Section 44(3) of the Family Law Act 1975 provides that parties have 12 months after the date of a divorce to file an Application for Property Orders. The de facto equivalent pursuant to section 44(5) of the Family Law Act 1975 is 24 months from the date of separation.
In order to file an Application for Property Orders after the above timelines have lapsed a party must seek leave from the Court. The Court will only grant leave however, if they are satisfied that the aggrieved party or any child of the relationship would suffer hardship if leave were not granted under s44(4) or s44(6).
To make a valid argument of ‘hardship’ the Court must first be satisfied that the party has a prima facie claim, or that the potential Property Application has a real probability of success. If a party is able to establish this they must then be able to satisfy the court with valid reasoning as to why the Application is being brought out of time.
In the case of Ordway & Ordway  the Applicant Wife sought leave of the Court to institute property proceedings 26 years after her divorce order was made. The Wife was successful in arguing that she had not previously brought an Application because she had an informal arrangement with her ex husband and she was concerned that litigation would disrupt the status quo.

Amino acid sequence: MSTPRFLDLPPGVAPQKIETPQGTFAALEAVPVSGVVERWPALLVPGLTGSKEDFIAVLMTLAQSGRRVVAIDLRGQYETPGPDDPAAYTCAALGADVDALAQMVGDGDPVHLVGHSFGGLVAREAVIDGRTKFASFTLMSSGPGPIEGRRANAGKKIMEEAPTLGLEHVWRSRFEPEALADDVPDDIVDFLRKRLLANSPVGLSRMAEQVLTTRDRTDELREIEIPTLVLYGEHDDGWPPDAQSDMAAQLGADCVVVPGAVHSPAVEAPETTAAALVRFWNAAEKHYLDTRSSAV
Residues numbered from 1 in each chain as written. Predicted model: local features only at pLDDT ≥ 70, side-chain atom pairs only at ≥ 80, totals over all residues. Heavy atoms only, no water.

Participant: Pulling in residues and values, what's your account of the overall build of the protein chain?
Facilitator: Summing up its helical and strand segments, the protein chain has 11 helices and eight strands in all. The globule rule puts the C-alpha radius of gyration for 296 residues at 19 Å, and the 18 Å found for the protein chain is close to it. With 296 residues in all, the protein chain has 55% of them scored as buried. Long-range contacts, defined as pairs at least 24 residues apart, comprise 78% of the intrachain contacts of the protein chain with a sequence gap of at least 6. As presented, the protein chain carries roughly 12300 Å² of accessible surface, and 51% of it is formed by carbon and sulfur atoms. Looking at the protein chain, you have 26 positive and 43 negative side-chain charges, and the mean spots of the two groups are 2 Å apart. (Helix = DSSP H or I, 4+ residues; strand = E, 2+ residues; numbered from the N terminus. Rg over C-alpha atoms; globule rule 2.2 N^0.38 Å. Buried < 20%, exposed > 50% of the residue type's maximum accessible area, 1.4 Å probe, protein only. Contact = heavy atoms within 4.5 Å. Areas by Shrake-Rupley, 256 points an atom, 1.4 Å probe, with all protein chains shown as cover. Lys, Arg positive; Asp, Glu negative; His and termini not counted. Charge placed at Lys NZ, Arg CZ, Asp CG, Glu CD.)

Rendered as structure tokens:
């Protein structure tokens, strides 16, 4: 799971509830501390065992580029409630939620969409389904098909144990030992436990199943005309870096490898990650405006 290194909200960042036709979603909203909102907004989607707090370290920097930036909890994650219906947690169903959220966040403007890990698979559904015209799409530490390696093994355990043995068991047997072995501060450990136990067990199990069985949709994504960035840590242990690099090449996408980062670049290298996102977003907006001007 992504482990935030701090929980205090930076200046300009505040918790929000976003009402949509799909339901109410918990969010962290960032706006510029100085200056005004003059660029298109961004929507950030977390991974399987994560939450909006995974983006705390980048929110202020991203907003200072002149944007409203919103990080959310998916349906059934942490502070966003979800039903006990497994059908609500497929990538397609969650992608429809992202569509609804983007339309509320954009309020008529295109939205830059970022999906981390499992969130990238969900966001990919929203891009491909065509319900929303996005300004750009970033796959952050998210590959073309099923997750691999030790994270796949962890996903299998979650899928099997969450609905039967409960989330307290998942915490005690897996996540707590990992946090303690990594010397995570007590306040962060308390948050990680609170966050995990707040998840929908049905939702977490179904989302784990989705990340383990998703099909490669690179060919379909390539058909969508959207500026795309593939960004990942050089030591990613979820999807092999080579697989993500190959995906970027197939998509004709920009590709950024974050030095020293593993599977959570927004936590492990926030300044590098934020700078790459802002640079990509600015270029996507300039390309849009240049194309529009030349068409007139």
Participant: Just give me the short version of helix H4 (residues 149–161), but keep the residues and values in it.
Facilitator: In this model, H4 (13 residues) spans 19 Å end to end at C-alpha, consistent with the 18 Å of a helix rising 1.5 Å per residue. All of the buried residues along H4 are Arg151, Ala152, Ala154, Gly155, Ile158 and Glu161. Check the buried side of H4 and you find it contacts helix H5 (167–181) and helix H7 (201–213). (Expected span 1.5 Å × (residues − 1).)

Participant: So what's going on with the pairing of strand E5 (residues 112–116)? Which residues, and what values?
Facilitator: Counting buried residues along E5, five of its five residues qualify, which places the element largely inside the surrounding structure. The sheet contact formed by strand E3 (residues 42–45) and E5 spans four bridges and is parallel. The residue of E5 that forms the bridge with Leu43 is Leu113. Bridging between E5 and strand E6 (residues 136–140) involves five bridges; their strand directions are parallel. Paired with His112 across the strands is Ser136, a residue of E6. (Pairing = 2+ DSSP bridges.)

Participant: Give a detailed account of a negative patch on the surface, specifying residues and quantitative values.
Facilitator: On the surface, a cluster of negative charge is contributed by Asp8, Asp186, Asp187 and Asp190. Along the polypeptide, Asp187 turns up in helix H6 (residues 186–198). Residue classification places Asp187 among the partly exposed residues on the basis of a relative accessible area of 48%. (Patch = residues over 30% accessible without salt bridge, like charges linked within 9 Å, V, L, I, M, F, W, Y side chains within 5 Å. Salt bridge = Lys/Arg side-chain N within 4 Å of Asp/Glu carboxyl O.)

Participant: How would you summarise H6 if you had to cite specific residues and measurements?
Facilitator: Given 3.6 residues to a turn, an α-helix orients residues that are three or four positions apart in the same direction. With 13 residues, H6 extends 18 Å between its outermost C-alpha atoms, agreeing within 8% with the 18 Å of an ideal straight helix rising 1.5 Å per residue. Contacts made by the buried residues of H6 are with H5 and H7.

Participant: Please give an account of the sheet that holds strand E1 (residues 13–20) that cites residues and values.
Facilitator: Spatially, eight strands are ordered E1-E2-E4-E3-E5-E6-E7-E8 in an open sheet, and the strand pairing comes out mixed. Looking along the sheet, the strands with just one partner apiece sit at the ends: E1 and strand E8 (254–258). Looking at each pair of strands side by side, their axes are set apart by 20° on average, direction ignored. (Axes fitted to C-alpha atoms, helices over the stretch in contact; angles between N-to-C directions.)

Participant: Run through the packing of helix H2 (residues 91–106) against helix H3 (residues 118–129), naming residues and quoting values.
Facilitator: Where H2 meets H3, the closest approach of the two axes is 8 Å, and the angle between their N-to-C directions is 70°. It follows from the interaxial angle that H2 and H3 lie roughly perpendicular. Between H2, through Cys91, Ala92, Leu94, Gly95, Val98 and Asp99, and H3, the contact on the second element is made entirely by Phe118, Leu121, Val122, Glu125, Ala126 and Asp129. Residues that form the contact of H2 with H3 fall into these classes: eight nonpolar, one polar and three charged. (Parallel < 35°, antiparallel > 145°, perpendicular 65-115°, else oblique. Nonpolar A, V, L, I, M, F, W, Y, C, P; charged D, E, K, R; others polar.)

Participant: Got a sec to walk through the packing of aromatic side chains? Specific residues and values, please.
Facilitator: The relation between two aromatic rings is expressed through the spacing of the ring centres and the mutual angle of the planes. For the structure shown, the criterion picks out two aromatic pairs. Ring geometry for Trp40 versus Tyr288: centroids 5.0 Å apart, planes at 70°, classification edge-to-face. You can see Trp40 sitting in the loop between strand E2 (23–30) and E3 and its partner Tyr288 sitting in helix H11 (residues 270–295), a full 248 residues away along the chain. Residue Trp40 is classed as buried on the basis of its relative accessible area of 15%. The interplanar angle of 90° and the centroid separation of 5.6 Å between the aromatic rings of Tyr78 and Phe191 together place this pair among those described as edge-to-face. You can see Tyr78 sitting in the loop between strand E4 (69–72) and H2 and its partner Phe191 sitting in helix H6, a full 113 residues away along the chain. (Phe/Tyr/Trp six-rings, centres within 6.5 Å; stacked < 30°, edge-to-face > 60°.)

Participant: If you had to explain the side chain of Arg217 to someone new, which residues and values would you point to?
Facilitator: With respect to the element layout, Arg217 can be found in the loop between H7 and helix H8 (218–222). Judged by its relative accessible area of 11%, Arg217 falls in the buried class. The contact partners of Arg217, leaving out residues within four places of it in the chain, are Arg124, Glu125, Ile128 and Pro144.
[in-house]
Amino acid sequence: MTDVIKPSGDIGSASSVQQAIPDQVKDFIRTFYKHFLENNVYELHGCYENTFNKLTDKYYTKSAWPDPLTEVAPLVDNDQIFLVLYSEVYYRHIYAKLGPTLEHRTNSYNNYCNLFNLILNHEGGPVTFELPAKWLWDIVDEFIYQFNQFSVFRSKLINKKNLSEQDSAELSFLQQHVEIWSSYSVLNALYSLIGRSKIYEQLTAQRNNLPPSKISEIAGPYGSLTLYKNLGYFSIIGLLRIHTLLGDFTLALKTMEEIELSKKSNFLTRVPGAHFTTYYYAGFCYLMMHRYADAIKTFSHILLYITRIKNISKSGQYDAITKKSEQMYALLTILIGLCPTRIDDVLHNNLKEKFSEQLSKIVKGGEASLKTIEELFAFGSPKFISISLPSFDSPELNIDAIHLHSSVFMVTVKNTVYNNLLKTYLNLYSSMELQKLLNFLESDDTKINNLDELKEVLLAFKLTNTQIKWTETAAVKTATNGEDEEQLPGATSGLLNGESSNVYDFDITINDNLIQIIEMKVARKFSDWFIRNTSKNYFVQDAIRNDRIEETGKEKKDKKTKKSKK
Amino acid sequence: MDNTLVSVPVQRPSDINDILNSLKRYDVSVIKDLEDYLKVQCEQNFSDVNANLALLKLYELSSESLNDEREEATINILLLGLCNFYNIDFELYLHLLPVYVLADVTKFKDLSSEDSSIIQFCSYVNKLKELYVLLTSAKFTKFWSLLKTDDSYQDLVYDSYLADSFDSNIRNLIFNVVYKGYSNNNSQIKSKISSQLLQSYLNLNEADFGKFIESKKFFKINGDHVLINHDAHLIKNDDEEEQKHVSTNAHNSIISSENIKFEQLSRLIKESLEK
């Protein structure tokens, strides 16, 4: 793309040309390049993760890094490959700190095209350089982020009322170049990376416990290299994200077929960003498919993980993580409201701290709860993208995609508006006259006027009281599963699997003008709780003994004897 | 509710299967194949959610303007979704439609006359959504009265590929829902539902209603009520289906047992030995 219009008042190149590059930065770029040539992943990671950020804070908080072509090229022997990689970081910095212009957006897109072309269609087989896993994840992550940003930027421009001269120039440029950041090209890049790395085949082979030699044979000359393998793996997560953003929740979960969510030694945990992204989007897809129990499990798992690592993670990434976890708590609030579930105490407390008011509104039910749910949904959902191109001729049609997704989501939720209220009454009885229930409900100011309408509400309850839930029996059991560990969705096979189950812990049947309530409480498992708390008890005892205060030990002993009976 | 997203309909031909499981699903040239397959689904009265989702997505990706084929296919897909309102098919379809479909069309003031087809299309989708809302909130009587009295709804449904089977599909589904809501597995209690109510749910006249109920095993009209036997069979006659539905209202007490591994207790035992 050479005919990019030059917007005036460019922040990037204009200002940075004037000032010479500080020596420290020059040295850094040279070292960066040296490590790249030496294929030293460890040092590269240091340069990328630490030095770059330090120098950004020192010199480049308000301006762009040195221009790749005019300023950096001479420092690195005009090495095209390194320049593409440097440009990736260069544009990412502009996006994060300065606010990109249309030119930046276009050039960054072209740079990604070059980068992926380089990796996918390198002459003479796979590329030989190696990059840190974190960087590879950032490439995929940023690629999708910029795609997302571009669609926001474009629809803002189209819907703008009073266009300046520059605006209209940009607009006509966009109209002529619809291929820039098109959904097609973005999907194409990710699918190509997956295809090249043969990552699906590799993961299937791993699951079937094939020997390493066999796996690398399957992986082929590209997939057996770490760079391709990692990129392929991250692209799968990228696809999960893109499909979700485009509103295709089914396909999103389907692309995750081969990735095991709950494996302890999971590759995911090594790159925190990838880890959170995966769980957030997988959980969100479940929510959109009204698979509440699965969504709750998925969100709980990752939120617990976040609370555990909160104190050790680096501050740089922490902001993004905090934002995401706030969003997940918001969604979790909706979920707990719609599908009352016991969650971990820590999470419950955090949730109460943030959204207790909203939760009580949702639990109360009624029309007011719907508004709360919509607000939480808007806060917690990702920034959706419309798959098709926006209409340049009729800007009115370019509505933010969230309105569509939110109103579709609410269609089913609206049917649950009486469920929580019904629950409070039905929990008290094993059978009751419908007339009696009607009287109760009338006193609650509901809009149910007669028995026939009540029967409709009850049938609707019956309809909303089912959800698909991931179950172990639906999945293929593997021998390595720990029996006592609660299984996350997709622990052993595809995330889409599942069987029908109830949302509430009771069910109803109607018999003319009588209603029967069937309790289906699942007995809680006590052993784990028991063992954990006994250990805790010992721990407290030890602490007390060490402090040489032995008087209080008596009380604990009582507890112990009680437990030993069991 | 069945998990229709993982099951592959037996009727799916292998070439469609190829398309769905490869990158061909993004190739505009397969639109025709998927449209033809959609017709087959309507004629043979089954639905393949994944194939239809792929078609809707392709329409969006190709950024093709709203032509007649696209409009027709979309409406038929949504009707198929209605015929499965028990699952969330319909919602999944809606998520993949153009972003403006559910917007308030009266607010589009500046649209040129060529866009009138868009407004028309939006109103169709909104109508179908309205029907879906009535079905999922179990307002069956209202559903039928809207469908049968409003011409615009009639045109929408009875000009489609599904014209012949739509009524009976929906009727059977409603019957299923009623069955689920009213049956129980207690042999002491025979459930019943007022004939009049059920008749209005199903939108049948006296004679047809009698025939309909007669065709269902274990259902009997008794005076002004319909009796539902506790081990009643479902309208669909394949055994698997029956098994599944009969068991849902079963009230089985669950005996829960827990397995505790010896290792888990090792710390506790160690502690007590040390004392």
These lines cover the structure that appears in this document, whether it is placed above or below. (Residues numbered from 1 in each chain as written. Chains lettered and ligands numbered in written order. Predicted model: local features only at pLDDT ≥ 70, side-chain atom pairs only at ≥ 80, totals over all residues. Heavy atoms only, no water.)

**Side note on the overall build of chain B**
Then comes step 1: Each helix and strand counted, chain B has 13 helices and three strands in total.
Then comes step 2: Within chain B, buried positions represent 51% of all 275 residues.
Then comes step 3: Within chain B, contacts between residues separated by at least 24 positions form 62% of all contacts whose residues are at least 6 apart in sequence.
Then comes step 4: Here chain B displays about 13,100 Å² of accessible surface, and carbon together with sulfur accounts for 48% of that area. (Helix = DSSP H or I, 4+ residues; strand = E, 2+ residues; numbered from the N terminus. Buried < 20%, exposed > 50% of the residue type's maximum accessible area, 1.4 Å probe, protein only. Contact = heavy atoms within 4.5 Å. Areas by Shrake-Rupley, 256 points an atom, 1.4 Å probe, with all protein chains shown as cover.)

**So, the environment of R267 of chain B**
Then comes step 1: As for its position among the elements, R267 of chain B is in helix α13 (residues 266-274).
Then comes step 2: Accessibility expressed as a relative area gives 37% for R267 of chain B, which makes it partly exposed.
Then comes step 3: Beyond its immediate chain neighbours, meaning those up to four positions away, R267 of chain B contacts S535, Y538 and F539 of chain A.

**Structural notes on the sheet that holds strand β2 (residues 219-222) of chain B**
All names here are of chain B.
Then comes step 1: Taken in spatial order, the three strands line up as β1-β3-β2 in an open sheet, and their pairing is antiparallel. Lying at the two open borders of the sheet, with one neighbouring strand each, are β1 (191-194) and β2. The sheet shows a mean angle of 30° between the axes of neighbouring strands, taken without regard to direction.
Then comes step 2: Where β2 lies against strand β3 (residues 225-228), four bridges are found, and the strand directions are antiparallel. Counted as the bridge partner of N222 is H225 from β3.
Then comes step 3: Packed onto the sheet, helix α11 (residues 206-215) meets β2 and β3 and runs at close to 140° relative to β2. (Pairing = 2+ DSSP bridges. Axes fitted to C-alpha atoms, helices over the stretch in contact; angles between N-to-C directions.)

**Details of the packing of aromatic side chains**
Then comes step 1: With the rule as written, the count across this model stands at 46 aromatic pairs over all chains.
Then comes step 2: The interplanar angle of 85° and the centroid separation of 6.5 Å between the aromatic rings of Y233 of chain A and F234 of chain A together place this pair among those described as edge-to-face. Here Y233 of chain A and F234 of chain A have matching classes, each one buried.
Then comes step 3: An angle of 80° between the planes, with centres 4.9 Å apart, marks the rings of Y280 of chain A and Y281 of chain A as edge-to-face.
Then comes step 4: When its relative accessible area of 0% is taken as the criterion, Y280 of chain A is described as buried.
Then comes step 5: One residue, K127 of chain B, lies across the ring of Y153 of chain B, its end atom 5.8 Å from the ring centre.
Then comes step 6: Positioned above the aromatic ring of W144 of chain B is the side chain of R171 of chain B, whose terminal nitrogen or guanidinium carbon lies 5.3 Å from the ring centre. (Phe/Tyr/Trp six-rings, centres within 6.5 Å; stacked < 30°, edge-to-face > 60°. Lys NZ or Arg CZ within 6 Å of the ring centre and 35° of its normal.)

Under the arrangement the Wife lived in the former matrimonial home owned by her ex husband. He paid all the expenses associated with the property and supported the children and the Applicant. The Applicant made renovations to the property and continued working in her ex husbands business.
In this case, Cole FM held that if leave was not granted the Applicant would suffer hardship as she “would, in effect, be left with nominal assets” (para 41).
Furthermore, Cole FM held found that the Wife’s evidence supported a conclusion that she was reluctant to cause tension and a potential dispute with her ex husband. Cole FM held that it was apparent when considering the parties financial circumstances that there was a significant power imbalance. The Applicant held a genuine concern that if she pushed the issue she would lose her job within the Respondents business.
This case demonstrates that despite the time limit legislation places on parties applying for Property Orders, the Court has wide discretion to avoid injustice to a party by having the power to grant leave to file an Application out of time if the above elements are satisfied.